Jen: Today we welcome Karma Brown as her blog tour makes a stop at Romancing the Book. Karma, will you share a short bio with us?
Karma: Karma Brown is a National Magazine Award winning freelance writer and journalist, and a member of the Professional Writers Association of Canada. She lives just outside Toronto with her family and writes powerfully emotional upmarket women’s fiction, in the vein of Me Before You. COME AWAY WITH ME is her first novel.
Jen: Will you tell us a little about Come Away with Me?
Karma: My debut, Come Away with Me, is about a young couple, Tegan and Gabe, who lose their unborn child in a car accident, and it strives to answer the question, “Does tragedy pull us apart, or bring us closer together?” Tegan, grief stricken and devastated, struggles to forgive Gabe, who was driving the car that night. Then when she hits rock bottom, she agrees to travel with Gabe to three destinations from a wish list they came up with before they were married. From Thailand to Italy to Hawaii, they search for forgiveness and a way to move past the loss. However, Tegan is eventually forced to accept you can’t escape grief no matter how far you run, and that happiness is possible if you’re willing to let go.
I hoped to write a book that challenged me emotionally, where I had to ask, “What would I do if my worst fears came true?” My husband and daughter are at the center of my universe, and the thought of moving through life without them is unfathomable. So I have always been in awe of those who find a way to move past life-changing tragedies – to find joy and happiness again in an imperfect life, and I wanted to explore that bravery and determination.
Hannah and Ben know their baby is at great risk if delivered so early—something Kate’s husband, David, is pushing for, as he believes removing the stress of the pregnancy could give Kate’s brain a chance to heal. What follows is an emotionally charged story about two mothers – one desperate to protect her unborn child, the other on the brink of death – and the impact those struggles have on their families and friendships.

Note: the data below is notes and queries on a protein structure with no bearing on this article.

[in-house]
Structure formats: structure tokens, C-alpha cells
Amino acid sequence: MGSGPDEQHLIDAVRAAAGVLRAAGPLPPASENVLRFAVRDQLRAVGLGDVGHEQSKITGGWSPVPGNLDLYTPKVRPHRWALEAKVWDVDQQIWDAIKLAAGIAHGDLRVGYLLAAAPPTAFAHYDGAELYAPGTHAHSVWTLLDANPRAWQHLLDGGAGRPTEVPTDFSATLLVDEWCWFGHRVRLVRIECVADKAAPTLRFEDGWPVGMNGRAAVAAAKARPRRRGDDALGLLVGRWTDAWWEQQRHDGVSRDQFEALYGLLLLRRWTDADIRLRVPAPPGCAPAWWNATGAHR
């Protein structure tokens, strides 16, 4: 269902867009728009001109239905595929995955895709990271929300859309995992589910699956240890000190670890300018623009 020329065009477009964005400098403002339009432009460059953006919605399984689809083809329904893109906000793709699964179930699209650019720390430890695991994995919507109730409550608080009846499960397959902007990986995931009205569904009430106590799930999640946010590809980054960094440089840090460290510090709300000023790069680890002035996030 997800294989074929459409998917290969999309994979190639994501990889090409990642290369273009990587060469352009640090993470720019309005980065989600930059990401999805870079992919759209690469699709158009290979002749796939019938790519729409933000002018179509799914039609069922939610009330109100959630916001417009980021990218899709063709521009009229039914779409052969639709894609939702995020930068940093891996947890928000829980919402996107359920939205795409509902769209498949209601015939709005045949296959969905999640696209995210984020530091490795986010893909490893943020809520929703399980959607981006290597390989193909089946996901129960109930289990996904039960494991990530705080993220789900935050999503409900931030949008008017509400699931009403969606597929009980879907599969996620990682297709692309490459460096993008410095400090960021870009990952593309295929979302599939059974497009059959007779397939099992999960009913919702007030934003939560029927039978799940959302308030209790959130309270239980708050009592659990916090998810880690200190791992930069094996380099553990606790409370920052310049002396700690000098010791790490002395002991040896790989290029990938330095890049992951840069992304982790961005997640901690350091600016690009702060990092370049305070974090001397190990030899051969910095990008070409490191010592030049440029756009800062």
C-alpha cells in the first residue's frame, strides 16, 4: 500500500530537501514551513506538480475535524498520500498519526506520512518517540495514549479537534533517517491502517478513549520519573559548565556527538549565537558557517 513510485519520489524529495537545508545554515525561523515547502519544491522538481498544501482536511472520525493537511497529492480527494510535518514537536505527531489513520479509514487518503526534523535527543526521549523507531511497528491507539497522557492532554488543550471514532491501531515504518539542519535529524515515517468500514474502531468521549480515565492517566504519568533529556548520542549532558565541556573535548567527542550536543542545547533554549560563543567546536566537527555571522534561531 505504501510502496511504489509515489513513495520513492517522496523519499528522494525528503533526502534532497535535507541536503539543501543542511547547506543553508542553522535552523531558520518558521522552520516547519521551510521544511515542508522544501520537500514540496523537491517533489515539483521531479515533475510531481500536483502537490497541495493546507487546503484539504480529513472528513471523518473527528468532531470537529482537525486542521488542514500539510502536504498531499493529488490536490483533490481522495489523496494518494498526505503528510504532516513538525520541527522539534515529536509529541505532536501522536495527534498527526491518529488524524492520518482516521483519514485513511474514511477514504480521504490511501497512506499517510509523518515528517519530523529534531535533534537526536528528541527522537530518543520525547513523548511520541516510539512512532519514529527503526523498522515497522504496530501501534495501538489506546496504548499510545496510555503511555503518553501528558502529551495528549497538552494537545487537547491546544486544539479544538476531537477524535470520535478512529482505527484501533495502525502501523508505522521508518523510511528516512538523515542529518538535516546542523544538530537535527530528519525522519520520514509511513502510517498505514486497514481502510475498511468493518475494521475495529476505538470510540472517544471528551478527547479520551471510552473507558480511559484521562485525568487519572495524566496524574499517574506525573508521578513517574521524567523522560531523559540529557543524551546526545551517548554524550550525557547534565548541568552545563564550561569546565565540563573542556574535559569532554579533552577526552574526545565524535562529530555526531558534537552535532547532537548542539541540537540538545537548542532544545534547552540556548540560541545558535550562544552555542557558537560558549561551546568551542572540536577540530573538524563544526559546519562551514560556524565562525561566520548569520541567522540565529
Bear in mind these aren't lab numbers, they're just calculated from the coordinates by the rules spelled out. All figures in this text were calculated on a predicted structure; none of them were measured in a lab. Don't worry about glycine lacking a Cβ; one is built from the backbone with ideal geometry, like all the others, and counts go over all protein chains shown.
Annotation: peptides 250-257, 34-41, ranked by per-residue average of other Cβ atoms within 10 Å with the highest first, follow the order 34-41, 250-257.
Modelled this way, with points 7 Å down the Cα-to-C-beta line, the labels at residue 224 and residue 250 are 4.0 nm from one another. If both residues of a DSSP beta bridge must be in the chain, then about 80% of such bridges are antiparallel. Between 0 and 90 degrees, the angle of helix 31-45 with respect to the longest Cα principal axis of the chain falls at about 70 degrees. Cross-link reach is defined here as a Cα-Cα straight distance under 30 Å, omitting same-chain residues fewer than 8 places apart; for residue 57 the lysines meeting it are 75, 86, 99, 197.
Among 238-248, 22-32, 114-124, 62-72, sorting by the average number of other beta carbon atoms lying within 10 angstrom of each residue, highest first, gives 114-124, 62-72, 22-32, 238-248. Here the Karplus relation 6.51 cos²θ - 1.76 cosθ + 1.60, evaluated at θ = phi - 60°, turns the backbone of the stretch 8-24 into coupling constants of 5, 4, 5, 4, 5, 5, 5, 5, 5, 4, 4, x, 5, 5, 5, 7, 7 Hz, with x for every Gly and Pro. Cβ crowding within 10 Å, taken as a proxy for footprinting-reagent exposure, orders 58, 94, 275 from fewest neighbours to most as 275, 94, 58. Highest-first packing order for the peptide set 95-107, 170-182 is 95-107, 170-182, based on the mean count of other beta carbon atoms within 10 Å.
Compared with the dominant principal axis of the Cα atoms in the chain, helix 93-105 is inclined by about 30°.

Jen: Are you a plotter or a pantser?
Karma: Both! So I’ve come up with the term ‘plantser’ to describe how I write a book. It’s been trial and error, but what works best for me is to write a detailed synopsis of the story idea (my synopses generally run about 10 pages) before I’ve written a single word of the book. Then I take that outline and set up chapters in Scrivener (writing software I can’t live without), with only a sentence or two about each scene. This way I make sure the story has legs and won’t fall apart at 40,000, but I still have freedom to change things as I go. The one part I can’t seem to plot early is the ending – it’s generally unclear until I hit about 45,000 words, when I usually get that ‘Ah HA!” moment.
Jen: How do you remember ideas that come to you at odd times?
Karma: I love to run – it’s one of the best ways I’ve found to relieve stress and fix sticky plot problems, but of course there’s the issue of how to capture great ideas that come to mind while I’m on the trail. So if a great line of dialogue or a scene idea comes to mind while I’m running I repeat it in my head until I’m home and can write it down. I’m sure people wonder what I’m whispering to myself as I run past them. J
Jen: Is there a genre you’d like to write? Is there one you’ll probably stay away from? Why?
Karma: I have a 7-year-old daughter who I love reading with, and am so inspired by the idea of writing a book for her one day. As a result I have a middle grade story about 70% plotted out, and a picture book about a dragonfly who is afraid of dragons … though I have no idea if I can actually write kids lit. One genre I won’t write is young adult. I’m lucky to say my teenaged years were perfectly fine if not a tad mundane, so I’m fairly certain it would be quite a boring book!
Jen: If you were able to travel in time, where would you go and what 3 things would you take with you?
Karma: I would travel back to the 1960s – I’m an avid Mad Men fan, and though there are many (many) things I know I’d hate about being a woman in the 60s, there’s also a simplicity to that era I find appealing. The three things I’d take with me are a modern cookbook (a lot of gelatin moulds graced dinner tables in those days), my iPhone (I’d leave my data plan behind, but being able to write notes and take photos would be fantastic), and my running shoes so I could work off all those ‘pigs in blankets’ and jello salads.
Jen: What’s next for you?
Karma: My sophomore book, Because of You, hits shelves July 2016 and is another ‘tissues required’ read: When Ben and Hannah receive the heartbreaking news that Hannah will likely never get pregnant, her best friend Kate offers to not only to be her surrogate, but to use her own eggs to do so. Everything is going well until Kate suffers a devastating aneurysm—at 26 weeks pregnant—and ends up in a coma, on life support.
Follow Karma’s tour for more chances to win.